Magnolia Hollow offers many amenities even if its hiking trail needs attention
As it turned out, mid-October was a little early, and unfortunately the first week of November may be a little late, but the opportunity to enjoy the fall colors is not the only good reason to check out Magnolia Hollow Conservation Area just south of Bloomsdale in Ste. Genevieve County.
Witnessing the transition from lush green in the oak and hickory forest to a palette of red, orange, yellow and purple is one of autumn’s most redeeming features. Throw in a bright blue sky and cool enough air to keep you from sweating along the hiking trail, and you’ve got an outdoor masterpiece.
The early turners were already losing their leaves when we visited, but the bulk of the woods remained dark green. A couple of cool weeks following our visit has brought on the brighter colors, but strong winds and storms will soon leave most limbs bare.
The disappointment of the leaf peeping was only the start of my list for things that could have been better at the rural outpost that borders Establishment Creek until it empties in the Mississippi. Parking was inadequate on a Saturday morning at the trail head, and without a port-a-potty or privy on site, it is important to be prepared before making the drive.
The one designated hiking trail is estimated at about 1.3 miles and is accommodating for most skill levels, except for one glaring flaw. Other than the trailheads, it is not well marked. Technically the loop begins at the last parking lot on White Sands Road. A paved section of trail leads to a viewing platform overlooking the Mississippi River valley and the expanse of land between the bluffs along the creek far into Illinois. The pavement allows strollers, wheelchairs and just about anybody else access to the overlook.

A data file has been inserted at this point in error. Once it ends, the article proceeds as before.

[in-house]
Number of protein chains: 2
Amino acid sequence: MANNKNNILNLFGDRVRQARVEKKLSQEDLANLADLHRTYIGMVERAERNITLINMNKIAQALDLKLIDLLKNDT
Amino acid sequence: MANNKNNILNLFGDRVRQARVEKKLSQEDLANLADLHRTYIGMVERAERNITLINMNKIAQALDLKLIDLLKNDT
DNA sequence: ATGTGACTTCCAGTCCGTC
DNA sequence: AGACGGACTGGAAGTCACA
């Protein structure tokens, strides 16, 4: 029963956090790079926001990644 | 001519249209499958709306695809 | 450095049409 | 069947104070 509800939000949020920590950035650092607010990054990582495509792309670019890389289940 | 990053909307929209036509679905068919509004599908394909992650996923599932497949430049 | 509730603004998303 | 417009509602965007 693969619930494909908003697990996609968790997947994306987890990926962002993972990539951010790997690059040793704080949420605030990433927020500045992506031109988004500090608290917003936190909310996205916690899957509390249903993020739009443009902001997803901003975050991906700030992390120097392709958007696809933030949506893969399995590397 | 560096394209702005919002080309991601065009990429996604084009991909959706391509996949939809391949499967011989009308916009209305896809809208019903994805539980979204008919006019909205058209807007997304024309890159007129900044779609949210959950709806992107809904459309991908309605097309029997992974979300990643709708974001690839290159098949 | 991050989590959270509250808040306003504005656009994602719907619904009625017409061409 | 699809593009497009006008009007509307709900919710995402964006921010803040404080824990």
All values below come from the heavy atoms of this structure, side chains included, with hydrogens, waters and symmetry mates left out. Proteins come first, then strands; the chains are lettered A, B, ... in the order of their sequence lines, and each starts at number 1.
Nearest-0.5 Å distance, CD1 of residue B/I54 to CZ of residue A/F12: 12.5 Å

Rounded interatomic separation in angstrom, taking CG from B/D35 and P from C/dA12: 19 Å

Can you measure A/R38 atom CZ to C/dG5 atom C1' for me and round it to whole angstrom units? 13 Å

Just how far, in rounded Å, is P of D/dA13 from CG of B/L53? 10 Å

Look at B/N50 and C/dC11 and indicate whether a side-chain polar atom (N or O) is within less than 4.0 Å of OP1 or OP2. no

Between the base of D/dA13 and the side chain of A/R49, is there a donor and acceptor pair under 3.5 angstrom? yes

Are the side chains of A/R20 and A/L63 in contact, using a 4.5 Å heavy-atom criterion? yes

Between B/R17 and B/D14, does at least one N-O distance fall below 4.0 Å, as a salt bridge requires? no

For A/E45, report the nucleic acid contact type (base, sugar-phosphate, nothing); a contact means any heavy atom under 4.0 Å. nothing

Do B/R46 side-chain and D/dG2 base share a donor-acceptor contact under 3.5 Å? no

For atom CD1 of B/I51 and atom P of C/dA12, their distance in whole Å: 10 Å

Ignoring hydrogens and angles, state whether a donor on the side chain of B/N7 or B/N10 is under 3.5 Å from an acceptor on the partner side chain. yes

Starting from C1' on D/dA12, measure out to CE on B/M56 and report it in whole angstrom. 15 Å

We actually passed a wedding party with guests of all ages on their way back from the scenic spot, as we were walking in. I’m sure the ceremony and photos were very nice. The few dozen participants were the reason the four-spot parking area was woefully inadequate, and we had to find an off-road ditch area along with many other well-wishers.
During the pandemic last summer when hiking trails seemed to be the only place to be safe outside of the house, parking was a big problem almost every weekend.
After the happy couple and their entourage left, we never saw another person near the trail, but there were still several cars left on the road. Magnolia Hollow is a popular spot for archery hunters and is also open during firearms seasons for deer and turkey hunting. Several miles of area access trails provide routes throughout the 1,740 acre property.
As you would imagine with a name like Hollow, the terrain can be steep and deep. The difference is just more that 300 feet from the highest to the lowest part of the property, but the ups and downs are plentiful. Both ends of the unpaved hiking trail welcome walkers with a sign that says, “Danger Steep Bluffs”.
We only walked the hiking trail, but for those looking for more challenges, the access roads would offer a solid workout. With hunters in the woods, we didn’t want to try other areas for concern about disturbing their efforts. There is plenty of space for everyone to enjoy the area, but the access trails are probably best left to the hunters, especially during the firearms portions of deer season.
Back to the poorly marked hiking trail, other than that deficiency, it offers a nice walk in the woods. Approached from either end it goes down about 100 feet in elevation to a low open area with an old boardwalk bridge. A missing timber or two added to the area’s accumulated shortcomings.
Hiking doesn’t require wooden bridges, but adequate trail blazes would have been a big, but easy improvement. The state Department of Conservation areas are usually much more meticulous about those maintenance issues, but Magnolia Hollow was missing out.
With an archery range, clay pigeon shooting area, primitive camping spot, and more, there are plenty of positives at the place. Wildlife water holes and woodland food plots provide benefits for the hunters who use the area. The five-mile drive from the state highway is a highlight too. Winding through through the valley farmland past old barns and along the creek provided plenty of picturesque places, even if the leaves were not quite ready for prime time.
Originally published by Leader Publications Nov. 4, 2021.